WASHINGTON, D.C. – As consumers step up their use of e-scooters, hoverboards, and e-bikes to return to work, school and other activities, the U.S. Consumer Product Safety Commission (CPSC) reminds everyone to keep safety a priority.
According to advance data from a soon-to-be-released CPSC report on hazard patterns associated with micromobility products, injuries and deaths continue to rise, but data are certainly consistent with the notion that a lot of people staying home in 2020, led to a leveling off or slight reduction in scooter use.
Here’s what the latest data show:
- There were more than 190,000 emergency room (ED) visits due to all micromobility products from 2017 through 2020. ED visits had a steady 70% increase from 34,000 (2017), 44,000 (2018), 54,800 (2019) to 57,800 (2020).
- Much of the increase between 2017 and later years was attributable to ED visits involving e-scooters, which rose three times as much, from 7,700 (2017), to 14,500 (2018), to 27,700 (2019) and 25,400 (2020).
- Injuries happened most frequently to upper and lower limbs, as well as the head and the neck.
- CPSC is aware of 71 fatalities associated with micromobility products from 2017 through 2020, although reporting is incomplete.
The hazards associated with micromobility products primarily fall into three broad areas: mechanical, electrical, and human factors. To address these hazards, CPSC staff continues to work with ASTM International and Underwriters Laboratories (UL) to develop and make improvements to, voluntary standards. In support of these and other efforts, CPSC has done analyses of incident data and has done testing for the various hazards. CPSC also collaborates with federal partners and industry stakeholders to promote micromobility safety.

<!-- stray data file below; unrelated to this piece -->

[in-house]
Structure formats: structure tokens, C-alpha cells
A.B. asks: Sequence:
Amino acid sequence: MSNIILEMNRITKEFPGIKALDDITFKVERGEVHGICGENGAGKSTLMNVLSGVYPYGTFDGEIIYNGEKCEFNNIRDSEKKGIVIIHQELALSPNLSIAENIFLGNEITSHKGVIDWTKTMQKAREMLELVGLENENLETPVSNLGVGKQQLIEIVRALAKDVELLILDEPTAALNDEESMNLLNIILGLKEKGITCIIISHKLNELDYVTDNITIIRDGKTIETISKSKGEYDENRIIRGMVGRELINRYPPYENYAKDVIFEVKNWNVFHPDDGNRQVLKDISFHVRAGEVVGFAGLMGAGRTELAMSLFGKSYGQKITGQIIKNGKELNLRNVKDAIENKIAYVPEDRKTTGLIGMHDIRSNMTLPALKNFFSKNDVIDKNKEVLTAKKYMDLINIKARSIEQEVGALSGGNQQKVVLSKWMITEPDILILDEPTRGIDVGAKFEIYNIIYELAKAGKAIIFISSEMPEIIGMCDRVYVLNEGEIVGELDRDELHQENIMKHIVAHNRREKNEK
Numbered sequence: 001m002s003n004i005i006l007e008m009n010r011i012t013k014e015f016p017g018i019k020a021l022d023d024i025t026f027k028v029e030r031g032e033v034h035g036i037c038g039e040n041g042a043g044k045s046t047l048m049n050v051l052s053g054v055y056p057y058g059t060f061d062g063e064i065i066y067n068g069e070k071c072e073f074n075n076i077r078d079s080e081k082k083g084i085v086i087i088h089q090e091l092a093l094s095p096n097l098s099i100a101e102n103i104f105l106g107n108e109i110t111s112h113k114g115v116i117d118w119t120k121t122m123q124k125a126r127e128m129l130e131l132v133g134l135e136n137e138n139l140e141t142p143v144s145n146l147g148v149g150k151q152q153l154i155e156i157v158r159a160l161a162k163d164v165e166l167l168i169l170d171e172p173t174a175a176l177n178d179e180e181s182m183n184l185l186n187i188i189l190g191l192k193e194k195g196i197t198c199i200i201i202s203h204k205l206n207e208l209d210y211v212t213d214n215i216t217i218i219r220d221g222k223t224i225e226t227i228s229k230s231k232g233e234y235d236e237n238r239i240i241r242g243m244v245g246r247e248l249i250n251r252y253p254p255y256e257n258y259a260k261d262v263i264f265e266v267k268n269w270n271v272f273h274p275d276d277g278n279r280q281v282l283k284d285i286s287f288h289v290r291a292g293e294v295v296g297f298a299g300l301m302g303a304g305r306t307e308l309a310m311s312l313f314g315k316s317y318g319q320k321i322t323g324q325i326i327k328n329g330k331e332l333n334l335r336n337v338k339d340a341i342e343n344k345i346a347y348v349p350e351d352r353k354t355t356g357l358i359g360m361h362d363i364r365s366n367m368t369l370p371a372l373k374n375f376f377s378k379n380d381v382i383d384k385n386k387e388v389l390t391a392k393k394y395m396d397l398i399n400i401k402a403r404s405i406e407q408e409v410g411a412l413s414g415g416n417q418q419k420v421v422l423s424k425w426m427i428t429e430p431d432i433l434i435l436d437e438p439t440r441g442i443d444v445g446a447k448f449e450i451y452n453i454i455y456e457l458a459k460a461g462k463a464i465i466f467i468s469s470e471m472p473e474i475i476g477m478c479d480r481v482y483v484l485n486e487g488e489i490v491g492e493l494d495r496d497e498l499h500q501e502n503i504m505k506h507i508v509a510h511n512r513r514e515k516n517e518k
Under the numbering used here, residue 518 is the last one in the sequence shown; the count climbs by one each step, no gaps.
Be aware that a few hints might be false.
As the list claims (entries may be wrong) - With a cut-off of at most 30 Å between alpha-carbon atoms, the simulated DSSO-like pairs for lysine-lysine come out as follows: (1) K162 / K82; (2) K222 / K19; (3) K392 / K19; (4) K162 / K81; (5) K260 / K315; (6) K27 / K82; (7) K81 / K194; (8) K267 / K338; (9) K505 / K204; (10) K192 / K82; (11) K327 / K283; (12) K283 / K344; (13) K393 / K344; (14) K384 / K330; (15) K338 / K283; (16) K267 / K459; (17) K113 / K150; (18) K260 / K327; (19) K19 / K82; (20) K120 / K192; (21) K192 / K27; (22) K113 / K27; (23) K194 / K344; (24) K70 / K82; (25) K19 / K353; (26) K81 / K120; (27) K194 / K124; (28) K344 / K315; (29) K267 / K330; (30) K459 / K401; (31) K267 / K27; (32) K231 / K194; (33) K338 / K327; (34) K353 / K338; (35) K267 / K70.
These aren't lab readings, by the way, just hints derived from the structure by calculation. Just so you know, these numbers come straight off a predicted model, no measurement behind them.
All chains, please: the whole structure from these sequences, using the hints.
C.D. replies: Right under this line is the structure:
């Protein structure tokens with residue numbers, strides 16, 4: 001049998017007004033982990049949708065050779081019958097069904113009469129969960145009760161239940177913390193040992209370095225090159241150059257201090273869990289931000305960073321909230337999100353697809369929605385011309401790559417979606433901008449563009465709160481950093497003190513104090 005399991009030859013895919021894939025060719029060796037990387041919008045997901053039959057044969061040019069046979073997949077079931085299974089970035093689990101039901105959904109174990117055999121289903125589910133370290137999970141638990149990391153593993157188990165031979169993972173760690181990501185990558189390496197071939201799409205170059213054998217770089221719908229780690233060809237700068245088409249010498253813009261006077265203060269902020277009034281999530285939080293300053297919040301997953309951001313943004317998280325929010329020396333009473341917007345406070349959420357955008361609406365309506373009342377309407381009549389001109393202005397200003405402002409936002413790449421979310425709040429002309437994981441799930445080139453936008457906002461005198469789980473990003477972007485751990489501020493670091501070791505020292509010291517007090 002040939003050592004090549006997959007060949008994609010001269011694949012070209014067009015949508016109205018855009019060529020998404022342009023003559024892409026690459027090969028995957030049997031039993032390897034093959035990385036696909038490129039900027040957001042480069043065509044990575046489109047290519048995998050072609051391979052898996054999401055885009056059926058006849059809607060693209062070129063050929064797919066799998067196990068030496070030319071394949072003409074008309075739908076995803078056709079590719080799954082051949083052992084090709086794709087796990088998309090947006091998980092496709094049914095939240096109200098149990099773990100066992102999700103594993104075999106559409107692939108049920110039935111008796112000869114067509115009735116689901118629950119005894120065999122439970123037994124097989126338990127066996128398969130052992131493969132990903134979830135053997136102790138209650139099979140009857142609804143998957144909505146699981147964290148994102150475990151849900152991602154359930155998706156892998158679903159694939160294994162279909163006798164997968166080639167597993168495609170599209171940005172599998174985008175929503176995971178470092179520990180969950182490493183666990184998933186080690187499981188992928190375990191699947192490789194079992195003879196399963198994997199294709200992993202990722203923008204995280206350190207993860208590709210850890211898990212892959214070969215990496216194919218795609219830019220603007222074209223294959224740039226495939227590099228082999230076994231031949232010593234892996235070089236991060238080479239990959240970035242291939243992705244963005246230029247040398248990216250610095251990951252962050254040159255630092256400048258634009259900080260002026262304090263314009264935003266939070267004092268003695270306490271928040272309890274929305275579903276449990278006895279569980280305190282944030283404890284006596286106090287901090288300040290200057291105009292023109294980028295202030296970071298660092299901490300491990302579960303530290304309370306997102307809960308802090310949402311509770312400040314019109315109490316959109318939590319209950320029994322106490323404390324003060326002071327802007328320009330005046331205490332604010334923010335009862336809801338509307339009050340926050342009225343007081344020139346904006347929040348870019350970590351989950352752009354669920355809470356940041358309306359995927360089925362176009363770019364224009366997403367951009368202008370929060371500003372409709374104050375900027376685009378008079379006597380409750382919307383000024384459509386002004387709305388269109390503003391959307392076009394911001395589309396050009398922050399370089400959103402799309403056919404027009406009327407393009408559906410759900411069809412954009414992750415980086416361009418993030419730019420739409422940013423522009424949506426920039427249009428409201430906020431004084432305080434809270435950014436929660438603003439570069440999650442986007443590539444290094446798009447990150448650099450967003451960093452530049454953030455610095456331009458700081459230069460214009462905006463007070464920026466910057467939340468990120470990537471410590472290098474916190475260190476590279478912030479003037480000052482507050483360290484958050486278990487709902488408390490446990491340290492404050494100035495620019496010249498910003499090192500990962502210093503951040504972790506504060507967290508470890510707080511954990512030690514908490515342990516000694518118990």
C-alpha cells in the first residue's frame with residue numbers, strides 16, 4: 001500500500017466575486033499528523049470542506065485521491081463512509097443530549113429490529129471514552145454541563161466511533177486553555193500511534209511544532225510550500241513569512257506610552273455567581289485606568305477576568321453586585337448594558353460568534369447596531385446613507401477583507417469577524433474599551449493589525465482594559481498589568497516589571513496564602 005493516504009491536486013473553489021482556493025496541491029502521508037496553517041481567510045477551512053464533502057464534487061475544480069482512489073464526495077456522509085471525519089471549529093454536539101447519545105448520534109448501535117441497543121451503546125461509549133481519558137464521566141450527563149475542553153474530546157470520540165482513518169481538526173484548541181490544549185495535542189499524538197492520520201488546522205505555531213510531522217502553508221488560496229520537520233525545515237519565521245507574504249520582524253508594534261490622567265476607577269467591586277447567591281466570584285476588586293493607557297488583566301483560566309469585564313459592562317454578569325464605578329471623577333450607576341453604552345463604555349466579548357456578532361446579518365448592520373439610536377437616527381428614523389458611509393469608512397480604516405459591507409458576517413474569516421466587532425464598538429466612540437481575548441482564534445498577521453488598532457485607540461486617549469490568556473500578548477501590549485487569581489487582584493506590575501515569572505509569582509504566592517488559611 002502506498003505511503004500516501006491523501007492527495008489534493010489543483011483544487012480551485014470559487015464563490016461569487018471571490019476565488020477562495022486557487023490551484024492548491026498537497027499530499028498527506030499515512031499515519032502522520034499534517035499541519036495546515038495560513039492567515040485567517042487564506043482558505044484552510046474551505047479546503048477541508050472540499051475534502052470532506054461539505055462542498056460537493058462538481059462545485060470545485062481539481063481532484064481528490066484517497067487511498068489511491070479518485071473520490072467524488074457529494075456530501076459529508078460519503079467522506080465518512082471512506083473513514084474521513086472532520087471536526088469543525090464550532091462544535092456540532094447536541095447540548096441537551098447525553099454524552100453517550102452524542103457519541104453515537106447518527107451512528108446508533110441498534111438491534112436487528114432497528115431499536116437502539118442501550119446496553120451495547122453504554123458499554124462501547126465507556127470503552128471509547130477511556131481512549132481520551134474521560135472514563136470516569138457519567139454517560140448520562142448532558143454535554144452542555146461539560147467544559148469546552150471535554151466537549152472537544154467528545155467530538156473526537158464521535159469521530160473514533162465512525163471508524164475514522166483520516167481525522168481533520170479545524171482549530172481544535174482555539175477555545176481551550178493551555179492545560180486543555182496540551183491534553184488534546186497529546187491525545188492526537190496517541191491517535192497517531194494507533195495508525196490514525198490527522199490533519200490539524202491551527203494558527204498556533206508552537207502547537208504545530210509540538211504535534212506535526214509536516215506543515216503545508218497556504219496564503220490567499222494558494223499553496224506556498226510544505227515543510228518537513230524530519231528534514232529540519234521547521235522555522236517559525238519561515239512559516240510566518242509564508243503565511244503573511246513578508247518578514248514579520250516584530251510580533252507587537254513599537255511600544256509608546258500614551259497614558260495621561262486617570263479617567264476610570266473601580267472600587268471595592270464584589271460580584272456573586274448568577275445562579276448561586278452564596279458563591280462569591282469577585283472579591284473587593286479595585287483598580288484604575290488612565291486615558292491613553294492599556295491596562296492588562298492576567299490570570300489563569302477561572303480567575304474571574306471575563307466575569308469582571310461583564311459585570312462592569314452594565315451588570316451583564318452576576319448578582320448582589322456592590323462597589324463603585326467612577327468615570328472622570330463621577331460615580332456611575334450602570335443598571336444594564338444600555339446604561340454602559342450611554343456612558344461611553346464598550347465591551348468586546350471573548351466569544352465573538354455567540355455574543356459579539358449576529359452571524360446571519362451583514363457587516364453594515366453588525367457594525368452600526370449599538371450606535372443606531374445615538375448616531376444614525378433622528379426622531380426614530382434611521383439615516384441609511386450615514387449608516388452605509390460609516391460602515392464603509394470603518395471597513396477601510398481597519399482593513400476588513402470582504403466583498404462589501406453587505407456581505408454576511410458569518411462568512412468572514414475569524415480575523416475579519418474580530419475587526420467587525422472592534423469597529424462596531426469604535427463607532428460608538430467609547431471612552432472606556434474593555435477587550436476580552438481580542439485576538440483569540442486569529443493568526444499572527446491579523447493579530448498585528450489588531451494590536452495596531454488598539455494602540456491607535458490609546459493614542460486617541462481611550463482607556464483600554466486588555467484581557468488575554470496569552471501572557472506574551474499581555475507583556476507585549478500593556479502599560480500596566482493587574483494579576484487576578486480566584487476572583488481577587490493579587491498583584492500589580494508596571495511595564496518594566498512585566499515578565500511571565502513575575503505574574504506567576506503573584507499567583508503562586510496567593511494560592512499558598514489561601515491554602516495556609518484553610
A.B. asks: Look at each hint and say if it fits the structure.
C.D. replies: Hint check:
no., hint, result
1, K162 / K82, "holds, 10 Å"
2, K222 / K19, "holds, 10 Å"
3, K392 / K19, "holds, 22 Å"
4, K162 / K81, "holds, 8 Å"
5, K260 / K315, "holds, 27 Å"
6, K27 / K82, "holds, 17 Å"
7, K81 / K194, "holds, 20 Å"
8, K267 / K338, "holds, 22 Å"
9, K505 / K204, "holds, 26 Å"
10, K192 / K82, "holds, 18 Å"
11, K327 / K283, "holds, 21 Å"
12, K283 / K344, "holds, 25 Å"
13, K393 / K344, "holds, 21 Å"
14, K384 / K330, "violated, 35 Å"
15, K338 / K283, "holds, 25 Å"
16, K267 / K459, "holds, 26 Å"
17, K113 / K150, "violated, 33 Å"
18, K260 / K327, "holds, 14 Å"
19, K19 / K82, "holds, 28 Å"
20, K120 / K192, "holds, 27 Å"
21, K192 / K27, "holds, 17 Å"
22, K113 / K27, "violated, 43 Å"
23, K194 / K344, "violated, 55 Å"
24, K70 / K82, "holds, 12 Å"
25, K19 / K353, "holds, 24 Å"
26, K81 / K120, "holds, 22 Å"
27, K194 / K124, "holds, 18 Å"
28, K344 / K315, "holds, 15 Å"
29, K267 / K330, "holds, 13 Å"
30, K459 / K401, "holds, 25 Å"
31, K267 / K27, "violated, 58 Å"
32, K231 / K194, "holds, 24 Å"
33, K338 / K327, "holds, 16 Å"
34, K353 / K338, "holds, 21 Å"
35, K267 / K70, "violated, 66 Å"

The best way to avoid injuries when using micromobility products:
- Always make sure to wear a helmet.
- Before riding an e-scooter, make sure to check it for any damage, which includes examining the handlebars, brakes, throttle, bell, lights, tires, cables and frame. Damage to the e-scooter can cause loss of control and lead to a crash.
The U.S. Consumer Product Safety Commission (CPSC) is charged with protecting the public from unreasonable risks of injury or death associated with the use of thousands of types of consumer products. Deaths, injuries, and property damage from consumer product incidents cost the nation more than $1 trillion annually. CPSC’s work to ensure the safety of consumer products has contributed to a decline in the rate of deaths and injuries associated with consumer products over the past 40 years.
Federal law bars any person from selling products subject to a publicly-announced voluntary recall by a manufacturer or a mandatory recall ordered by the Commission.
For lifesaving information: